Diagnosing Our Oceans

The vast expanses of our oceans comprise over 70% of the Earth’s surface. They produce more than half of the oxygen in the atmosphere, absorb the most carbon and are home to large and complex ecosystems. Consequences of human activity, such as excessive nutrient loading, manifest in the form of eutrophication and hypoxia, commonly known as red tides or dead zones. They threaten the delicate balance of the oceans’ intricate ecosystems that contain the very creatures responsible for contributing to most of the Earth’s oxygen.

Hong Kong’s coastal waters are affected by persistent and increasing eutrophication, primarily due to nutrient discharge from the Pearl River Delta and local sewage effluent. In a large-scale Theme-based Research Scheme, Prof Jianping Gan leads a multidisciplinary team to diagnose the coastal waters of Hong Kong. Built upon his wealth of knowledge on interdisciplinary ocean research and modeling, he approaches the problem holistically, by investigating the coupled physical-biological-chemical processes in the interactive river-estuary-shelf waters around Hong Kong.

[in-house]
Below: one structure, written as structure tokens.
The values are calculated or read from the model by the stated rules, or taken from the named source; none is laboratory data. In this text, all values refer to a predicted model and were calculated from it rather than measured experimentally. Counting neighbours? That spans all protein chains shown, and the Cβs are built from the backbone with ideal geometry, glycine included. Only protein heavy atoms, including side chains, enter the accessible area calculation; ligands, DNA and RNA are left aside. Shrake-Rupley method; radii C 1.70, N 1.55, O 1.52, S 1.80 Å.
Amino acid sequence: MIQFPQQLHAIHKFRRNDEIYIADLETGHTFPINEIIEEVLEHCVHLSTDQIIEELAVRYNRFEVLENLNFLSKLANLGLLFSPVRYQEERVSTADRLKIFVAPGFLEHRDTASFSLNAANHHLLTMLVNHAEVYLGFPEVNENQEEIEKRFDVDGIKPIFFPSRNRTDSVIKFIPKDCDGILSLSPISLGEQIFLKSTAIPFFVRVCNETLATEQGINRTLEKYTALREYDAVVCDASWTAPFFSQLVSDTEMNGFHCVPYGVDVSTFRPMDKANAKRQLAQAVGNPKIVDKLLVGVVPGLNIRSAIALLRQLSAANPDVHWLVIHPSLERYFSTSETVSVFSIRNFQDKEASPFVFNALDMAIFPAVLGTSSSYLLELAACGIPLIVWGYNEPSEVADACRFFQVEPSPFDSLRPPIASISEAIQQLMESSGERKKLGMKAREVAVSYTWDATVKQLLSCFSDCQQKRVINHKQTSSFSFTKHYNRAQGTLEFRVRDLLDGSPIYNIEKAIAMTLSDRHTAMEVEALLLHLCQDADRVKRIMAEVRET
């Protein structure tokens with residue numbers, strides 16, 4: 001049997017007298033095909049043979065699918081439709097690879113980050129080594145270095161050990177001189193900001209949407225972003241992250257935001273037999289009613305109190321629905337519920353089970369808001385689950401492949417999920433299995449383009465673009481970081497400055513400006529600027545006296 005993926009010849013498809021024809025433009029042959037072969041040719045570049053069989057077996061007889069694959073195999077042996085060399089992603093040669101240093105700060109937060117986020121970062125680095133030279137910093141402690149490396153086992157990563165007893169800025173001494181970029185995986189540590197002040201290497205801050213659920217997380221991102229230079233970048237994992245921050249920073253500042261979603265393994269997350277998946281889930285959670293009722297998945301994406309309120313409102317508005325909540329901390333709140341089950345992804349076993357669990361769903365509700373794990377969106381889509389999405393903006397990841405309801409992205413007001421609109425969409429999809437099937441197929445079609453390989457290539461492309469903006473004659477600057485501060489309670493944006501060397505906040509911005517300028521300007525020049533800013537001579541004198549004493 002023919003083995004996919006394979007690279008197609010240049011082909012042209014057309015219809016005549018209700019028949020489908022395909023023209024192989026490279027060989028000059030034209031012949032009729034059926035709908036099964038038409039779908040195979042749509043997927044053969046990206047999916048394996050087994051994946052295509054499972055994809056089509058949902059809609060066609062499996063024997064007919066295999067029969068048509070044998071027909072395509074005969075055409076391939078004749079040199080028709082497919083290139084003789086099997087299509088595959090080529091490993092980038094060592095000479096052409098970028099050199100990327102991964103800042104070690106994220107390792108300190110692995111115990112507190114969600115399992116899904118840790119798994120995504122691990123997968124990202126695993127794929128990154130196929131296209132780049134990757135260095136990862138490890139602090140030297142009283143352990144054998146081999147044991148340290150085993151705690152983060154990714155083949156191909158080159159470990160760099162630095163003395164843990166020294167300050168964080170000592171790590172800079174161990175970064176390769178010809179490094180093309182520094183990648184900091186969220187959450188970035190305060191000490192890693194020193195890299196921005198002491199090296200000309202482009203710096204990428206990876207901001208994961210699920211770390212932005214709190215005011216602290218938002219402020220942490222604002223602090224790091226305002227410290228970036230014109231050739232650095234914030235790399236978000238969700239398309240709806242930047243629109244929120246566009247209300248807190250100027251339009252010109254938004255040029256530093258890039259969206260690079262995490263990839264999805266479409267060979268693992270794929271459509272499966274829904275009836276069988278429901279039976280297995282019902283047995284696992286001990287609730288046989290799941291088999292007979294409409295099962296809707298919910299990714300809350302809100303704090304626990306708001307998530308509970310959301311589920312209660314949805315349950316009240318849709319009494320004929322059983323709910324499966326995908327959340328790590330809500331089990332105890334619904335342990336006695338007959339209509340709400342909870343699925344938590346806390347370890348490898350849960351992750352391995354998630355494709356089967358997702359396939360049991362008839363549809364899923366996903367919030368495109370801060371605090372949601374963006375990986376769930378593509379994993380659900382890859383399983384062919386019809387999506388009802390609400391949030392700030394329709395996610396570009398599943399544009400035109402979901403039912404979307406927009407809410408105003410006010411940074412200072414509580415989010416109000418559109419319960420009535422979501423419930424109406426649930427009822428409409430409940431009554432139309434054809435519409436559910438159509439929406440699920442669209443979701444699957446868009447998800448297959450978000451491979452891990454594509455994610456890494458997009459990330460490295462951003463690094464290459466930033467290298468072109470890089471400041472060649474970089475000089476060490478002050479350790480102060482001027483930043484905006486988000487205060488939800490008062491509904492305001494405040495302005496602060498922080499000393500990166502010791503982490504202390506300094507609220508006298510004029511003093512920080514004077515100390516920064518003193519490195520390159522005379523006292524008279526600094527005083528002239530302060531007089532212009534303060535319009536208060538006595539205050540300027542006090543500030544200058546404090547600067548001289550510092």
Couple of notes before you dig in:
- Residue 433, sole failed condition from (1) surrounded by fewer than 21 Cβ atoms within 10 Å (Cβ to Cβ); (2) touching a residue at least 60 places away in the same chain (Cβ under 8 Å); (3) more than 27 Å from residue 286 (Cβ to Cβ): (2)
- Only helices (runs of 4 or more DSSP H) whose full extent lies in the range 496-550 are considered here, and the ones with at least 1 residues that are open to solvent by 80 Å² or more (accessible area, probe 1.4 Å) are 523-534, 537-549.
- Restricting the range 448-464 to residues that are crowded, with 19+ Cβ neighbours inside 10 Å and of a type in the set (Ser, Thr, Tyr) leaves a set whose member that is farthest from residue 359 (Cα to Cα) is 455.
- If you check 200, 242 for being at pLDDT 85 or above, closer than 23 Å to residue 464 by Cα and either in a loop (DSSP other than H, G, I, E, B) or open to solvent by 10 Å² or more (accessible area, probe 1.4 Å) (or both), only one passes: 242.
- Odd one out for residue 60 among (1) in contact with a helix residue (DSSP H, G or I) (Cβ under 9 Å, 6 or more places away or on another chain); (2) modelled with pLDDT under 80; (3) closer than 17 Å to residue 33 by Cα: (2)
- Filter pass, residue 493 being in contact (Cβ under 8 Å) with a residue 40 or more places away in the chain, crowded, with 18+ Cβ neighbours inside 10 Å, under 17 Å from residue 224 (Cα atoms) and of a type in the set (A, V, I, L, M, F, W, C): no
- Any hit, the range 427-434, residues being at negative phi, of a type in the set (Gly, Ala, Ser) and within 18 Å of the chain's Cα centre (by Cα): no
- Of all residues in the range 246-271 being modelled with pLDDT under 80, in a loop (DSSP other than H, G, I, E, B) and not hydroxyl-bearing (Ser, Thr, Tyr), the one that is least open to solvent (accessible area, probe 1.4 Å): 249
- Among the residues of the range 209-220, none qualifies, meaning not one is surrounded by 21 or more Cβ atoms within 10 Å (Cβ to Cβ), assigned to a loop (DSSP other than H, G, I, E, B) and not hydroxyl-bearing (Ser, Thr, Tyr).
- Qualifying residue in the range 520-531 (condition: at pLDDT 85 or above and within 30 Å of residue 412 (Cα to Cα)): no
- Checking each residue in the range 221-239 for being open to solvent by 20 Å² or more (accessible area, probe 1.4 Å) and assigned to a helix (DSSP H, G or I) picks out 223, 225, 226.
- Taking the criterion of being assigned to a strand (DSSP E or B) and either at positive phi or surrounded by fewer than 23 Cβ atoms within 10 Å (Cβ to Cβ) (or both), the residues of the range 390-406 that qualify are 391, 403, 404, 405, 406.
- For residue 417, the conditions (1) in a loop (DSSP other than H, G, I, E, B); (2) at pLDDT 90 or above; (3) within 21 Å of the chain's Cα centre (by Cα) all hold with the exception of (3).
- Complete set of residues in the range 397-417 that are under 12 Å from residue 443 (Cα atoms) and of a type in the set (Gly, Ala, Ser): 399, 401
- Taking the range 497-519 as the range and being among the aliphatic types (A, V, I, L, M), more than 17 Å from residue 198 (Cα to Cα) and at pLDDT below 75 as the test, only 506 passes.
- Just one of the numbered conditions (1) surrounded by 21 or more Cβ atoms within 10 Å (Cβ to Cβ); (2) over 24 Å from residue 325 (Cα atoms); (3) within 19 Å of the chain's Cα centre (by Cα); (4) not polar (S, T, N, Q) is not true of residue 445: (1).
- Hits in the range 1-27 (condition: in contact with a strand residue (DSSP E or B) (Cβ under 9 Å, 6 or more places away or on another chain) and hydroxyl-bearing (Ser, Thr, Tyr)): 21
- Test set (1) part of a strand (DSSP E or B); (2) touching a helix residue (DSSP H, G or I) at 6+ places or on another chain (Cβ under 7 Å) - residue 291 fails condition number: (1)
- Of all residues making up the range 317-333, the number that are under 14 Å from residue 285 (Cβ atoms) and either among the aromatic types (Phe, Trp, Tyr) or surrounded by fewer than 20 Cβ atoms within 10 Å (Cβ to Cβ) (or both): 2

The findings from this project will elucidate the driving forces of the increasing eutrophication and hypoxia in Hong Kong coastal waters, and contribute toward government policy by providing a scientifically-based strategy for stabilizing or reversing the problem for a more sustainable marine environment. The scientific approach and methodology developed in this project will be applicable not only to local waters but can be extrapolated for diagnoses of global oceans as well.  
 

Prof Jianping Gan is Chair Professor of Department of Ocean Science and Department of Mathematics, and Director of Ocean Dynamics and Modeling Program. He received a 2014 State Natural Science Award (2nd Class).

GanJianPing1
GanJianPing2
Printer Friendly, PDF & Email